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Oscillations and Waves

  1. Jan 27, 2006 #1
    Can someone please help me with this question?:confused:

    A 2.00-kg object is attached to a spring and placed on a horizontal, smooth surface. A horizontal force of 20.0 N is required to hold the object at rest when it is pulled 0.200 m from its equilibrium position (the origin of the x axis) The object is now released from rest with an initial position of x= 0.200m, and it subsequenly undergoes simple harmonic oscillations. Find
    (a) the force constant of the spring,
    (b) the frequency of the oscillations, and
    (c) the maximum speed of the object. Where does this maximum speed occur?
    (d) Find the maximum acceleration of the object. Where does it occur?
    (e) Find the total energy of the oscillation system.
    (f) Find the speed
    (g) Find the acceleration of the object when its position is equal to one third of the maximum value.
     
  2. jcsd
  3. Jan 28, 2006 #2

    Hootenanny

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    Can you show some of your working/thoughts?
     
  4. Jan 28, 2006 #3
    Tina is that you? Please show us your work lol.
     
  5. Jan 28, 2006 #4
    my work

    Here is my work... I'm not 100% sure.. This questions is hard...
    Mass = 2.00 kg
    F= 20.0 N
    x = 0.200m

    (a) finding K
    F= 0.5kx^2 if that is the right formula
    20.0 N = 0.5k(0.2)^2
    K= 1000 N/m

    (b) Since w is also frequency but is in s^-1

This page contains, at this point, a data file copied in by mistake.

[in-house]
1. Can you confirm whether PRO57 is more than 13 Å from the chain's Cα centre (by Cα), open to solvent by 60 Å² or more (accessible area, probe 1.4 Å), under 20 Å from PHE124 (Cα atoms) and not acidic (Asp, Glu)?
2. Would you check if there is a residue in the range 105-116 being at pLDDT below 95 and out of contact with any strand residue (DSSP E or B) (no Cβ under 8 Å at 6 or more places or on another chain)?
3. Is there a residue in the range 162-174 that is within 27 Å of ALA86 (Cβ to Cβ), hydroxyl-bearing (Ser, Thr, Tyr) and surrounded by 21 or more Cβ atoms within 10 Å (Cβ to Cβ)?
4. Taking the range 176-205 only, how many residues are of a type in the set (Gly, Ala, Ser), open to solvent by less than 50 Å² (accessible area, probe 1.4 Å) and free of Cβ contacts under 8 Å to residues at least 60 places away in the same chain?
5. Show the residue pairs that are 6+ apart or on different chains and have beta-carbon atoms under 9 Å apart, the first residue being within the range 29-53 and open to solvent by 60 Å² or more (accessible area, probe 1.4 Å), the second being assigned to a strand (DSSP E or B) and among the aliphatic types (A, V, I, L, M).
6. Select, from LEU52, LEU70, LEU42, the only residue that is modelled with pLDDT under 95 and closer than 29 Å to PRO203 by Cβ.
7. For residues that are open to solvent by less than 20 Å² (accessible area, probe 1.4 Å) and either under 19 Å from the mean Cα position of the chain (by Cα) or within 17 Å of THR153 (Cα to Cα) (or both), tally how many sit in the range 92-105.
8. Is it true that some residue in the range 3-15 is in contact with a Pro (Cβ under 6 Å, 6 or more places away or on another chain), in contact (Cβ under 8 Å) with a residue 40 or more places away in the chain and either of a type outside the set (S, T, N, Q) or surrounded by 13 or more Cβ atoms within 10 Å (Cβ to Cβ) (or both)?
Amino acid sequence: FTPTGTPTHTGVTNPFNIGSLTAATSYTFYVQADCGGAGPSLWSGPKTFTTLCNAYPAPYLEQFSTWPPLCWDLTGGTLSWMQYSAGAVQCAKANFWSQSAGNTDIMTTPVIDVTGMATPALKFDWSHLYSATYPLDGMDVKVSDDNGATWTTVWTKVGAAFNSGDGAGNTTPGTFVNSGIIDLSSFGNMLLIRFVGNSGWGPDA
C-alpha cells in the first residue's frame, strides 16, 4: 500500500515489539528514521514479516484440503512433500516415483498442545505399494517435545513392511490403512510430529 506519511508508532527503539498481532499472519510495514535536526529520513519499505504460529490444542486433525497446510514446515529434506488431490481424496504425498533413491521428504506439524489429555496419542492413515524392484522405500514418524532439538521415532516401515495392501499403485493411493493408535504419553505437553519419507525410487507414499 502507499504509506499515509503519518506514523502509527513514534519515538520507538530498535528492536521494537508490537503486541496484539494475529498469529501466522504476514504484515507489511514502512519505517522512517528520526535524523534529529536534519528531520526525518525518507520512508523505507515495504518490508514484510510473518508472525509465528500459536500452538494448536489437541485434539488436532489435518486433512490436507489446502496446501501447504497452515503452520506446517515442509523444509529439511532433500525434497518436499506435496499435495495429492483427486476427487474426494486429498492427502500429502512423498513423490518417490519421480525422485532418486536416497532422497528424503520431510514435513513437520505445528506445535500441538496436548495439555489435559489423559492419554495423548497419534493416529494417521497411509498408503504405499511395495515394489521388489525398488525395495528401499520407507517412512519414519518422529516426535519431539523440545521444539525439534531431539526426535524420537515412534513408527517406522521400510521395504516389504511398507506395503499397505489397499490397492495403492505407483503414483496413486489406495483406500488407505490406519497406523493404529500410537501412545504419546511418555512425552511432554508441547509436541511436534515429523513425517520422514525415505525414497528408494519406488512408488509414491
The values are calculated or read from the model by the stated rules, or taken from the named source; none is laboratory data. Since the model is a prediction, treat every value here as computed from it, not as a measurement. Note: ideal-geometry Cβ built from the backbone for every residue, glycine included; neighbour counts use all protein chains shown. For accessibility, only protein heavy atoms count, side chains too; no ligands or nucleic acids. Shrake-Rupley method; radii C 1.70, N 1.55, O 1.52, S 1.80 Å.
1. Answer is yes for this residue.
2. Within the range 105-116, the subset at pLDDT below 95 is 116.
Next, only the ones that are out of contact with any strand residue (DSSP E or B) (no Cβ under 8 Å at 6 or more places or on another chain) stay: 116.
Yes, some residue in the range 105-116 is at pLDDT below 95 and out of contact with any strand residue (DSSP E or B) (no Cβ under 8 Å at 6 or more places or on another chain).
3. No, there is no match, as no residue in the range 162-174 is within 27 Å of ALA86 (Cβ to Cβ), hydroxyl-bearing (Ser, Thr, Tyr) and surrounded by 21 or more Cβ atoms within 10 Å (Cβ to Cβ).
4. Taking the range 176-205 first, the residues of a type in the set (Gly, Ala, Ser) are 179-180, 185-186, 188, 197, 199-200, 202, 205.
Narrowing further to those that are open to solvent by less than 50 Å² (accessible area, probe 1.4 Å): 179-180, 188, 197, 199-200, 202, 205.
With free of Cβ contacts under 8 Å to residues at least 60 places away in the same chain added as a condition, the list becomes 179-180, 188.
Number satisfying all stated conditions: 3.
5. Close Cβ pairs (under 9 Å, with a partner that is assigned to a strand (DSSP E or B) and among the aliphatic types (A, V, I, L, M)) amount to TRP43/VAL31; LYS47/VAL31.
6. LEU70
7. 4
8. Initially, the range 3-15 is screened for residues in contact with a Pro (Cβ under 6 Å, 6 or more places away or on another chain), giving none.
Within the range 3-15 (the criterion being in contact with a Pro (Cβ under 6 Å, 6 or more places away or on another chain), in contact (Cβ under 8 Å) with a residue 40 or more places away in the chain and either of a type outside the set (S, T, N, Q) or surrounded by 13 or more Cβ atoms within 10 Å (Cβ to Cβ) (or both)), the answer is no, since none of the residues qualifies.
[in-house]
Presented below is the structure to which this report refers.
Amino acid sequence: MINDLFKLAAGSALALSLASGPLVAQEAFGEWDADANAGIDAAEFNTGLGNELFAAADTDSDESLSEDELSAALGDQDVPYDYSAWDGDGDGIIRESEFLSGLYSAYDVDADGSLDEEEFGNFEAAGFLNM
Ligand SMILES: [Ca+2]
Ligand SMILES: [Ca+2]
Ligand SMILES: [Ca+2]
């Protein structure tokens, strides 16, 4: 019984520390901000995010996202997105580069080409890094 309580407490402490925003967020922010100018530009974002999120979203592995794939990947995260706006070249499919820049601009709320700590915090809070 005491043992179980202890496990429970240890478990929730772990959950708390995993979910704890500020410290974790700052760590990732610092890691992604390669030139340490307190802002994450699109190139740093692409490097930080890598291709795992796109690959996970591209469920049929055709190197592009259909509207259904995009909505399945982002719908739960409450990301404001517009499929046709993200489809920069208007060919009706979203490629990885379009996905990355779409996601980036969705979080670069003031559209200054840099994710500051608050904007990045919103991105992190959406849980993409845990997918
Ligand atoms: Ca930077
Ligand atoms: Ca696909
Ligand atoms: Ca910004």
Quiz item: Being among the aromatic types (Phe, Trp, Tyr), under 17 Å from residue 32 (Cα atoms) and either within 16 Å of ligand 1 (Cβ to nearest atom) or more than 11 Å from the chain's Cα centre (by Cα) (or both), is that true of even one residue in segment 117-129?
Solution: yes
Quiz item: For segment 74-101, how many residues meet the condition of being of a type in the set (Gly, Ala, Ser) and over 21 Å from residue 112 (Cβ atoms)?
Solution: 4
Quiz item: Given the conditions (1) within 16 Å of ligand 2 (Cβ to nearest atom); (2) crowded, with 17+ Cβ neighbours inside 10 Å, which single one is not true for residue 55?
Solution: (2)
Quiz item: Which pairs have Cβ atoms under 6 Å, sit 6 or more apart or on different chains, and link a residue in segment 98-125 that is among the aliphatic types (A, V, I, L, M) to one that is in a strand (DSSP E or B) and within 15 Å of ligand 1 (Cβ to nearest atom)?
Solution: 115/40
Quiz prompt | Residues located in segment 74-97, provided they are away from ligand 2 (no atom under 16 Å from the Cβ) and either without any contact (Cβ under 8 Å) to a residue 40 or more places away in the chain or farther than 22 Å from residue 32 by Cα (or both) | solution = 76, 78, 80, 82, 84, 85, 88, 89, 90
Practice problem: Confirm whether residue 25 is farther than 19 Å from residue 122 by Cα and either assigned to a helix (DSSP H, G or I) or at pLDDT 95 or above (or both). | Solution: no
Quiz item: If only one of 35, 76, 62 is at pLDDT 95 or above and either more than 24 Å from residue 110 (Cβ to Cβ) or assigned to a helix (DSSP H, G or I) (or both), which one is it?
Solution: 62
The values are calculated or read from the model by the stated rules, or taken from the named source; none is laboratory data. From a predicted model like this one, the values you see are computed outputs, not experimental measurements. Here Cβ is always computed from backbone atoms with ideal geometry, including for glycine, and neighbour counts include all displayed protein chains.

w= (k/m)^1/2
    w= (1000/2.00)^1/2
    w= 22.36 s^-1

    (c) Vmax = wA.... What is A? im treating A as being the same as x.. I dont know how to do this question.
    Vmax = (22.36)(0.2)
    Vmax = 4.472 m/s
    Where does it occur?? no idea what formula to use.

    (d) Amax = w^2A.. again?? is this the right formula?

    (e) Total energy?
    E = 0.5 kA^2 or is it kinetic energy + potential energy??

    (f) Find the speed.. formula for speed is
    v = w/k..
    so if this is right.. then
    22.36/1000.. so v is 0.02236

    (g) No idea


    Please Help me!:confused:
     
  6. Jan 29, 2006 #5

    Hootenanny

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    (a) The spring constant, [itex]k[/itex] is given by Hooke's law for springs: [tex]F = -kx [/tex]. I think you answer is wrong by a factor of ten.

    (b)It looks like you've worked out [itex]\omega[/itex] correctly but remember [tex]f = \frac{\omega}{2\pi}[/tex]. Your error in (a) follows through here.

    (c)Your formula is correct but there are follow through errors from the previous questions, A is amplitude or maximum displacement. As the spring is stretch it gains elastic potential energy. Once the spring is released and begins to recoil the elastic potential energy is converted to kinetic energy. When the spring is in neither compression or tension there is no elastic potential energy in the spring, the energy of the system must remain constant therefore all of the elastic potential energy must be in the form of kinetic energy. So where is the velocity the greatest?

    (d)Correct formula except [itex] a = -\omega^2 x [/itex] because the acceleration is always in the opposite direction to the displacement (towards the equilibrium position)

    (e)Your forumla [itex]E = \frac{1}{2} k A [/itex]is correct.

    (f)I don't understand the question. Find the speed when? The speed is variable in any mass/spring system.

    (g)[tex] a = -\omega^2 x [/tex] where x is displacement. You know the amplitude so [itex] x = \frac{1}{3}A [/itex]
     
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